Towards the end of his paper, Strawson concedes that “If I were charged to make my self-understanding explicit, I might well illustrate my view by reference to things I (Galen Strawson) have done, but it certainly would not follow that I had a Diachronic outlook, still less a Narrative one” (Strawson, p. 206) That is, although Strawson would explain who he is by reference to what Galen Strawson as a human being did in the past, it does not follow that the present Galen Strawson experiences one’s self as being in the past. But I think this claim is in direct contrast to our pre-theoretical intuitions. When someone gives an account of who they are we assume that the person in their account is who they are. If someone in their thirties says “After graduating university I decided to become an academic”, the hearer assumes that the ‘I’ refers to the speaker’s self. If the speaker adds the qualification “…but that’s only Galen Strawson the human being, not really myself”, the hearer is inclined to understand this as a departure of the speaker’s present self from their past self. That is, as an expression of change of commitments and values. Neither one of theses natural interpretations is consistent with Strawson’s suggestion. If one is charged with making one’s self-understanding explicit, it is presupposed that there is continuity between the person indicated in the story and the person telling the story. The account, after all, is supposed to explain who the person is, their sense of self, what makes them who they are. I think this intuition is clearly captured by the idea of commitment. When someone tells us who they are, they speak of their crucial commitments and values. When they refer to what they did in the past, the actions denoted are supposed to express what they cared about, what defined them. If they explicitly distinguish between their past self and their present self then those commitments are no longer in force and no longer express their self-understanding. Thus, in contrast to what Strawson suggests, the fact that we explain our selves to others by offering an account of our lives shows that we experience ourselves as being there in the past and that we still subscribe to the commitments captured in our story; it indicates that we are essentially Diachronic and Narrative.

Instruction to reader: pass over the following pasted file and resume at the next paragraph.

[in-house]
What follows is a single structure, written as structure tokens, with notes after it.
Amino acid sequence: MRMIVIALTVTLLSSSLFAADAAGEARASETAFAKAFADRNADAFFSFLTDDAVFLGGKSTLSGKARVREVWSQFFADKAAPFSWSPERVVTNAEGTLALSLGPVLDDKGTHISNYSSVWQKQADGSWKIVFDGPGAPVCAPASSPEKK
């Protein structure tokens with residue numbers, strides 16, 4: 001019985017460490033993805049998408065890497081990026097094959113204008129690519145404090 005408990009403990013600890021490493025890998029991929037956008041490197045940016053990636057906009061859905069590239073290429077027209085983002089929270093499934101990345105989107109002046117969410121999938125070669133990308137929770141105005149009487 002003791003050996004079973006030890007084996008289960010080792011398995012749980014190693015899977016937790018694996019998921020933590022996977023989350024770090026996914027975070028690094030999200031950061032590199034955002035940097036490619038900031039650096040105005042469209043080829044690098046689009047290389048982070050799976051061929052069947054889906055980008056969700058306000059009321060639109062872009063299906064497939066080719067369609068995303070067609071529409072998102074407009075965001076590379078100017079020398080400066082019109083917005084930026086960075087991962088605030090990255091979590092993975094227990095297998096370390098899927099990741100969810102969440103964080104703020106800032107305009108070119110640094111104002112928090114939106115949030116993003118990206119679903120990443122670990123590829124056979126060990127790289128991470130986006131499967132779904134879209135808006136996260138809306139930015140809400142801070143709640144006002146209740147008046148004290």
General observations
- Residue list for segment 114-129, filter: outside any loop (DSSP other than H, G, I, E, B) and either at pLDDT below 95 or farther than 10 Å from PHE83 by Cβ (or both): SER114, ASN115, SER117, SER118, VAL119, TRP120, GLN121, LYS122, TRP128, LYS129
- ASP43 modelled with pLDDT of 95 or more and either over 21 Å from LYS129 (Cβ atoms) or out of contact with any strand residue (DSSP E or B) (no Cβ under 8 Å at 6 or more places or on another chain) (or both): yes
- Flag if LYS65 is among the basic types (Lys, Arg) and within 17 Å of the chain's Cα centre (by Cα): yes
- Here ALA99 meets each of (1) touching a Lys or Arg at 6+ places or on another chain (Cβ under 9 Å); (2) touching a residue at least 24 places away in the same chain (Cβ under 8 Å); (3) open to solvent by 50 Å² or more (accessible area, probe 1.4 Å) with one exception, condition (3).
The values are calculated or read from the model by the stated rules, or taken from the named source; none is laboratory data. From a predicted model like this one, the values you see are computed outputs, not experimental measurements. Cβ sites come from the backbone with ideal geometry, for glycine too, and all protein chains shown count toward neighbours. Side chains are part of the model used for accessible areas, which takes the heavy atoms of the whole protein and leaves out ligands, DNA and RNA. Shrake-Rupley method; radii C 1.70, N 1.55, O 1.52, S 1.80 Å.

In conclusion, I claim that Strawson’s notion of a Synchronic or Episodic psychological type – as someone who experiences their self as fully present and has limited concern for their past and future – is a philosopher’s fiction. This theoretical construction is in conflict with our ordinary concepts of self and identity as things which can be lost during an identity crisis, and can be subsequently rediscovered or reinvented; as things which give our lives meaning and purpose. By contrast, I argued that the Narrativity view of the self has the conceptual resources to capture and illuminate the relations between our notions of self and identity and the connected concepts of undertaking self-constituting commitments, self-searching and self-finding, and the ideal of having a meaningful, purposeful life. I think this shows that instead of positing different personality types, we can distinguish different degrees of Diachronicity and Narrativity. People may care more or less about their past and future. Their commitments may be more or less explicit and they may be more or less aware of them. However, as long as they are functioning agents they must be oriented towards what they think is important and worthwhile, in a space of crucial questions with settled answers.